Close to a quarter of a century ago I began my career in fundraising as the donor report writer for scholarships at an East Coast university. My job was to report to donors on the expenditure of their scholarship gifts to the university and to send them thank-you letters from students who had received the awards. This work involved two components: first, making sure that the student-aid funds donated to the university were used as described in gift agreements; and second, to gather letters of thanks from students.
The globalization of independent schools is one of the most profound shifts in our industry over the past 20 years. Boarding schools, of course, have long been in the business of recruiting students from abroad, but they have a seen a substantial rise in the number of international students. And day schools too have seen a rise in the number of home-stay families from abroad, as well as partnerships and affiliations. All schools, regardless of type, are seeing more of their alumni moving abroad for career opportunities, and more opportunities for establishing networks, par
In a robust alumni relations environment, students and graduates alike view the college as an ongoing resource – a continuum of positive influence intellectually, professionally and socially. In turn, students and alumni have an enduring effect on the college. Not just in their growing capacity for philanthropic support but in the manner in which they represent the college’s brand to the world.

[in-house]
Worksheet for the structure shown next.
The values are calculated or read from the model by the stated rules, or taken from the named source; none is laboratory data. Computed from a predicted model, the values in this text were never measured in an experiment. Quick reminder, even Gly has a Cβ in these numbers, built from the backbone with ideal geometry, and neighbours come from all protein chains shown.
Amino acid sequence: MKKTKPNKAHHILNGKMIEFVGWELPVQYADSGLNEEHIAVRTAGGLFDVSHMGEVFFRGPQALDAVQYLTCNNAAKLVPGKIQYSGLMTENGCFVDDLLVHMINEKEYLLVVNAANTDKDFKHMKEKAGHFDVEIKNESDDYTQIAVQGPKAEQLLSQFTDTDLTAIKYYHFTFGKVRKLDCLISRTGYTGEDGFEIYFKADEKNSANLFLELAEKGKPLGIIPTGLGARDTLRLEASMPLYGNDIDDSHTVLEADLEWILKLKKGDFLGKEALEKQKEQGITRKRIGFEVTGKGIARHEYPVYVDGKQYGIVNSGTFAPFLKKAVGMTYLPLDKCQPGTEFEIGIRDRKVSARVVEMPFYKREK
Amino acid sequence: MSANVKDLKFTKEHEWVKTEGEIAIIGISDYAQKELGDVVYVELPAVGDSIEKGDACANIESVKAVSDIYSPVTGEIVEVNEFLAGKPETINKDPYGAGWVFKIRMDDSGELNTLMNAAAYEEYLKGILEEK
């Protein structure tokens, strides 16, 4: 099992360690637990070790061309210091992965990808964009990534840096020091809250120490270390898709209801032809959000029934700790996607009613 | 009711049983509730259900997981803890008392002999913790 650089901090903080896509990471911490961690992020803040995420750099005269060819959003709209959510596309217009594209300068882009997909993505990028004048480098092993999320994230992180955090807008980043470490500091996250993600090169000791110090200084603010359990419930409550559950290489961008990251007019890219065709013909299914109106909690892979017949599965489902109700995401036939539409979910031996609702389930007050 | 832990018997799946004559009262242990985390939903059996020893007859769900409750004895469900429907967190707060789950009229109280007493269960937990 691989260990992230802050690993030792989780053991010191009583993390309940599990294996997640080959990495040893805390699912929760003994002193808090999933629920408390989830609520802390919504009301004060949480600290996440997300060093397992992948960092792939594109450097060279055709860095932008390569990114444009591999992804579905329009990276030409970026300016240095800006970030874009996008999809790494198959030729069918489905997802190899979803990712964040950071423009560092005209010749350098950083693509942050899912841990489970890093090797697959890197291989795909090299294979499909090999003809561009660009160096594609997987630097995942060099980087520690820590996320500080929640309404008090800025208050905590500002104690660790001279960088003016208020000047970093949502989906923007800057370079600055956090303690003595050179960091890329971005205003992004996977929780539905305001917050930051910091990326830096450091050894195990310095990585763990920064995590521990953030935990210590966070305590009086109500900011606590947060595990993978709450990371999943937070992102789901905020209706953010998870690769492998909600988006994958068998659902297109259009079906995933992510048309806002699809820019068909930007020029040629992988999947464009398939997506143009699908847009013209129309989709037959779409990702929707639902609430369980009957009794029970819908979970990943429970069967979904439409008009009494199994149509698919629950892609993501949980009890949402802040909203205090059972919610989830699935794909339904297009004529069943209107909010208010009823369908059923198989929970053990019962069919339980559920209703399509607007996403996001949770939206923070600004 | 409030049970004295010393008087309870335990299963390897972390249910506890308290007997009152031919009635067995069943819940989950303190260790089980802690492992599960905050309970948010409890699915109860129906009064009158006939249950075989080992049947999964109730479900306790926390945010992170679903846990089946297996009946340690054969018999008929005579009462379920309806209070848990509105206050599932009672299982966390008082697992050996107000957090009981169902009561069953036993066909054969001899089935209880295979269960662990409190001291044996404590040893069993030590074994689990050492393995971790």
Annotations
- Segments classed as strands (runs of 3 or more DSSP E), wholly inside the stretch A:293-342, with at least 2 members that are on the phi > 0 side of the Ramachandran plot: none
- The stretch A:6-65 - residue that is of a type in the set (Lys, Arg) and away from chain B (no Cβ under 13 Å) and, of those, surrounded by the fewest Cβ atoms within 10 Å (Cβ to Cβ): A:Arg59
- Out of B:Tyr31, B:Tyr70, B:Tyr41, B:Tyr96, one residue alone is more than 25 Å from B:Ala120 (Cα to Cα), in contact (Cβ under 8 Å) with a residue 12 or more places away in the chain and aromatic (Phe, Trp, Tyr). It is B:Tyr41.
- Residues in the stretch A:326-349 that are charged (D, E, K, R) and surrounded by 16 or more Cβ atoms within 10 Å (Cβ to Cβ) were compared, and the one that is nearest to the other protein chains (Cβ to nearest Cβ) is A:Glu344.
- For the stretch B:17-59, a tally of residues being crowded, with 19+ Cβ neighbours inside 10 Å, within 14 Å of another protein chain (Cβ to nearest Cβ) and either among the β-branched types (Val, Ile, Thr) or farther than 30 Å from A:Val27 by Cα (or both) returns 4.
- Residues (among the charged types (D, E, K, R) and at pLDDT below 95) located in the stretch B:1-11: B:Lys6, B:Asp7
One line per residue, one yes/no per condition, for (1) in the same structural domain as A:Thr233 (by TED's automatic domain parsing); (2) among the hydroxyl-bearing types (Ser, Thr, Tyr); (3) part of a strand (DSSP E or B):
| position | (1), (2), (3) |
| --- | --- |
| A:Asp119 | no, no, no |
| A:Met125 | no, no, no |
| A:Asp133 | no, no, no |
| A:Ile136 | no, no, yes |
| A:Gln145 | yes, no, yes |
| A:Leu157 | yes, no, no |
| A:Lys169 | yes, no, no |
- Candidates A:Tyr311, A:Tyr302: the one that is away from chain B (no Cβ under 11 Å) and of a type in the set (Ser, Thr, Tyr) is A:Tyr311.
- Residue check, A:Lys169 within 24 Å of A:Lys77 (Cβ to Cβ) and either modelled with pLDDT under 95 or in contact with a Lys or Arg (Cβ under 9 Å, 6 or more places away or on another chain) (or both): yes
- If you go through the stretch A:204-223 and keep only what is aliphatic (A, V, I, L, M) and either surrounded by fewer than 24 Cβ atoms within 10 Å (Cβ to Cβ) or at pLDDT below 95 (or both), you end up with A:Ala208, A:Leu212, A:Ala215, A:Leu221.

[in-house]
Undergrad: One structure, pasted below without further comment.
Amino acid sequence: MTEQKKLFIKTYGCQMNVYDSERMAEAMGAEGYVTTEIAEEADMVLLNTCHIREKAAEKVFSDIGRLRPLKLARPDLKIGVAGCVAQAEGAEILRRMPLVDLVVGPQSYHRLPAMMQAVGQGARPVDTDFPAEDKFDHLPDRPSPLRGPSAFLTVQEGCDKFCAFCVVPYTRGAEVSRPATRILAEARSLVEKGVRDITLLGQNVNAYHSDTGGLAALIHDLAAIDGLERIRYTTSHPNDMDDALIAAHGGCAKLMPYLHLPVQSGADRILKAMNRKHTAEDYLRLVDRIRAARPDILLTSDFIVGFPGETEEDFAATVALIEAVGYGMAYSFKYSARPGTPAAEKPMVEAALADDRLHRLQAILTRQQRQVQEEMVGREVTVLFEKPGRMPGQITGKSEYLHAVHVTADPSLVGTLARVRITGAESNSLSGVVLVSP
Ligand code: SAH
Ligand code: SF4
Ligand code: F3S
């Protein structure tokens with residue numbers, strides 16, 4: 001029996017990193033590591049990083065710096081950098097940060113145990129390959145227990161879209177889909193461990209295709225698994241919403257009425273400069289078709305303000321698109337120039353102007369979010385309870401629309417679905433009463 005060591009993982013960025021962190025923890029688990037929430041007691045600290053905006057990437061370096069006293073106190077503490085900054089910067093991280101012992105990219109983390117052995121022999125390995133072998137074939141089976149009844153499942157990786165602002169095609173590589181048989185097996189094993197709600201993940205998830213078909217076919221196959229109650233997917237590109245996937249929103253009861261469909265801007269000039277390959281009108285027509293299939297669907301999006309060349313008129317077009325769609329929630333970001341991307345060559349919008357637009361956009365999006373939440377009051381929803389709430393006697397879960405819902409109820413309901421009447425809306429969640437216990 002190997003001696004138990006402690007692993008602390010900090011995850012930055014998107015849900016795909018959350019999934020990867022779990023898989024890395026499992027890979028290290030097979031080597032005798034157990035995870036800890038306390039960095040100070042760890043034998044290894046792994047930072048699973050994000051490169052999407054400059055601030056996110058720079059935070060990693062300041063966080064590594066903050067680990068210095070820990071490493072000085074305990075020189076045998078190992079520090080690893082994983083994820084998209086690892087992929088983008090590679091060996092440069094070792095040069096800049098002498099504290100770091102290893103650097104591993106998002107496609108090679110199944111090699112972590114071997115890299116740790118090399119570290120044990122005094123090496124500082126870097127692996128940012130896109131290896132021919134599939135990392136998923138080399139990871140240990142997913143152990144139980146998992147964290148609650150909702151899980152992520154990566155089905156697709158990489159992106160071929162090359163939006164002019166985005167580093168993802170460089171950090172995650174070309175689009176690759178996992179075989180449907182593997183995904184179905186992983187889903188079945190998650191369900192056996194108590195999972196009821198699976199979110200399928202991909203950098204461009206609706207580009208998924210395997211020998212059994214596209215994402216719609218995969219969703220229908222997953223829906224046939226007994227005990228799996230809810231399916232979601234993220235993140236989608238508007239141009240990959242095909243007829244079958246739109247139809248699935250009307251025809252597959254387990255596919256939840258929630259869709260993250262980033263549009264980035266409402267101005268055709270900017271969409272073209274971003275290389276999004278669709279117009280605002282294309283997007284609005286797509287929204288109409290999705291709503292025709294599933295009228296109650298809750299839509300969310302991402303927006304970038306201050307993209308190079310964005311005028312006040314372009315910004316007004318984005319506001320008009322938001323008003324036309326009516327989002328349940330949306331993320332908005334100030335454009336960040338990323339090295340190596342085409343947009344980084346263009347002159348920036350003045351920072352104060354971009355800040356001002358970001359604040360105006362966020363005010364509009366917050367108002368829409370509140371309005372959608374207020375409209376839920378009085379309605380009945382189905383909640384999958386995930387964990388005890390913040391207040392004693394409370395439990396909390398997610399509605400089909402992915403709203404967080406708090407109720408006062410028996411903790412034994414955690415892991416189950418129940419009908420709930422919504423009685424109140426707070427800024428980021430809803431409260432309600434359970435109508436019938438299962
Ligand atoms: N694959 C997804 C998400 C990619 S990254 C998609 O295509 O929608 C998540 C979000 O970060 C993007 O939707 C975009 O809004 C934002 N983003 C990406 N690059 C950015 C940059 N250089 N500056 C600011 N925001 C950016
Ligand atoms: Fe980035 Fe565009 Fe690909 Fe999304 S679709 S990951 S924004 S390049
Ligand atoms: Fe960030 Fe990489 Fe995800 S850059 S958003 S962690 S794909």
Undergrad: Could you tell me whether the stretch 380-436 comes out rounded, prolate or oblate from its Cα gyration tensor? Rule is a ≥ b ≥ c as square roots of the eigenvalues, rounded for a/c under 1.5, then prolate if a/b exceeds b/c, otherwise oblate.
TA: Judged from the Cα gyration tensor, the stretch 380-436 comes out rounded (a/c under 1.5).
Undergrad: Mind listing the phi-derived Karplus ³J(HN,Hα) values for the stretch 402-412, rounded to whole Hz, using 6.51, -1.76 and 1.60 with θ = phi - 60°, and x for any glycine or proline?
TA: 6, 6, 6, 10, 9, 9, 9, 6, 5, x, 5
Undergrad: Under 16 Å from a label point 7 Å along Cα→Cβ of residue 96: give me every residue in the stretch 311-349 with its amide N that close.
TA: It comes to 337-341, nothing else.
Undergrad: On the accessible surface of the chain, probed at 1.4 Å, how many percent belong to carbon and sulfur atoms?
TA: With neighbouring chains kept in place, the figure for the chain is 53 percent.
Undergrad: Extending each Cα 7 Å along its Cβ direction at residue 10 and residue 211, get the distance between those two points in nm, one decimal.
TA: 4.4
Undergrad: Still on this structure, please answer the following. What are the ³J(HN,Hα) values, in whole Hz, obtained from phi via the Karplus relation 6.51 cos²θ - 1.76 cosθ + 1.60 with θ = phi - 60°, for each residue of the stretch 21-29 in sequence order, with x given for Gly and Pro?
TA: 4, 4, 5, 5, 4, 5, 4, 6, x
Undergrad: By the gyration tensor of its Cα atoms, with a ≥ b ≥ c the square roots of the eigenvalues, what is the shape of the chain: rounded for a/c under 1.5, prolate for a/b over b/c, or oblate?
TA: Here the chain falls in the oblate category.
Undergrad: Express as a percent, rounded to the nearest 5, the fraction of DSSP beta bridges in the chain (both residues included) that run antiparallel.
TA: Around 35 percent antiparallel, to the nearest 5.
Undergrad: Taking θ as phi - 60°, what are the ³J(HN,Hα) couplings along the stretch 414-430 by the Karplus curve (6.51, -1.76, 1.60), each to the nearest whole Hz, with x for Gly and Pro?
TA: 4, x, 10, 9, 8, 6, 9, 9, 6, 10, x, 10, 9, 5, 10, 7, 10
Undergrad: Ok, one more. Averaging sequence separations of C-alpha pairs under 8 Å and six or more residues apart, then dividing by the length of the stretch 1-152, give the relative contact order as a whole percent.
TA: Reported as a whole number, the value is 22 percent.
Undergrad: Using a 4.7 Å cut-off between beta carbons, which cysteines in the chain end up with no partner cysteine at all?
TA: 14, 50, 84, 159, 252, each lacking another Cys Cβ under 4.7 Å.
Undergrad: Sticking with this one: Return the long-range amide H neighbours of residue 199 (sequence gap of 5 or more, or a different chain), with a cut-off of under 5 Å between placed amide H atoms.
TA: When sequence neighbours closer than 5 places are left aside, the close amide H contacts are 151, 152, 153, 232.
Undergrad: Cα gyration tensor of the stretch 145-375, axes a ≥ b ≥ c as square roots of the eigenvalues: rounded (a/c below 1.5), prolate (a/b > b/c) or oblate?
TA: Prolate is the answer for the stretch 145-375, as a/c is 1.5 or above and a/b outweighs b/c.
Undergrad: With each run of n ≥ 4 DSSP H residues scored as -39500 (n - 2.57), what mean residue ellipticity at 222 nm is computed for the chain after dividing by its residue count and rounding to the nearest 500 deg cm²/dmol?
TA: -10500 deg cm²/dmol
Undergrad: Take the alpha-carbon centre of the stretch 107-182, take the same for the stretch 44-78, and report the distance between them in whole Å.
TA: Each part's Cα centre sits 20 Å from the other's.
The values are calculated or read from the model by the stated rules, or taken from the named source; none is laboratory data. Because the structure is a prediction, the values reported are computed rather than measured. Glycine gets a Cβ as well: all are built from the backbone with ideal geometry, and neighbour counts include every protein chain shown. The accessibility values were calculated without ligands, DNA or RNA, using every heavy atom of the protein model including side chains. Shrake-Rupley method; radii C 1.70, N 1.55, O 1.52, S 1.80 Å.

The bottom line is that alumni relations matters – a lot.
In stewardship and donor relations we sometimes work against our own best interests. We are talented communicators, information managers, project overseers, events planners and implementers and just plain experts at getting things done. Our enthusiasm and dexterity are a source of pride…and often exploitation.
There is much good and encouraging news in the latest Coutts report. Whilst the headline growth in £1m+ donations, from £1.35bn in 2012 to £1.36bn in 2013, is far from exceptional, it perhaps masks what may prove to be long-term positive trends and messages.
There is a website that is totally dedicated to the visual depiction of just flat out getting it wrong. It’s called You Had One Job (hadonejob.com). On it you’ll find images of everything from tomatoes for sale in a container clearly labeled carrots, to signs that would even cause my 6-year-old to scratch her head.
Who thinks about stewardship and donor relations at the height of summer when the living should be easy? Even though I am preoccupied with thoughts of a few days on the water or a picnic in the back yard, and distracted by flowers in the garden and warm breezes, my mind has wandered back to work (kind of) and I’m thinking about stewardship and donor relations in a paraphrase of an old joke.
On the first day of work, the new gift officer asks the administrative assistant where to find stewardship. What’s the answer?
Spend a few minutes with Virginia Gray, the Director of Annual Giving at Golden Gate University (GGU), and you’ll have the answer: No. In fact, data of all varieties and magnitudes can be used to make strategic decisions that dramatically improve performance.
You could hear conservationists everywhere let out a collective cheer when news outlets announced Howard G. Buffett’s gift of nearly $24 million to South Africa National Parks for a 30-month initiative to deter rhino poaching in Kruger National Park.
This is the second in a series of blog posts answering questions from Marts & Lundy’s January 23, 2014 webinar Annual Giving in 2014: Trends on the Horizon. You can view the entire webinar here.
Do you know your constituents as well as you should?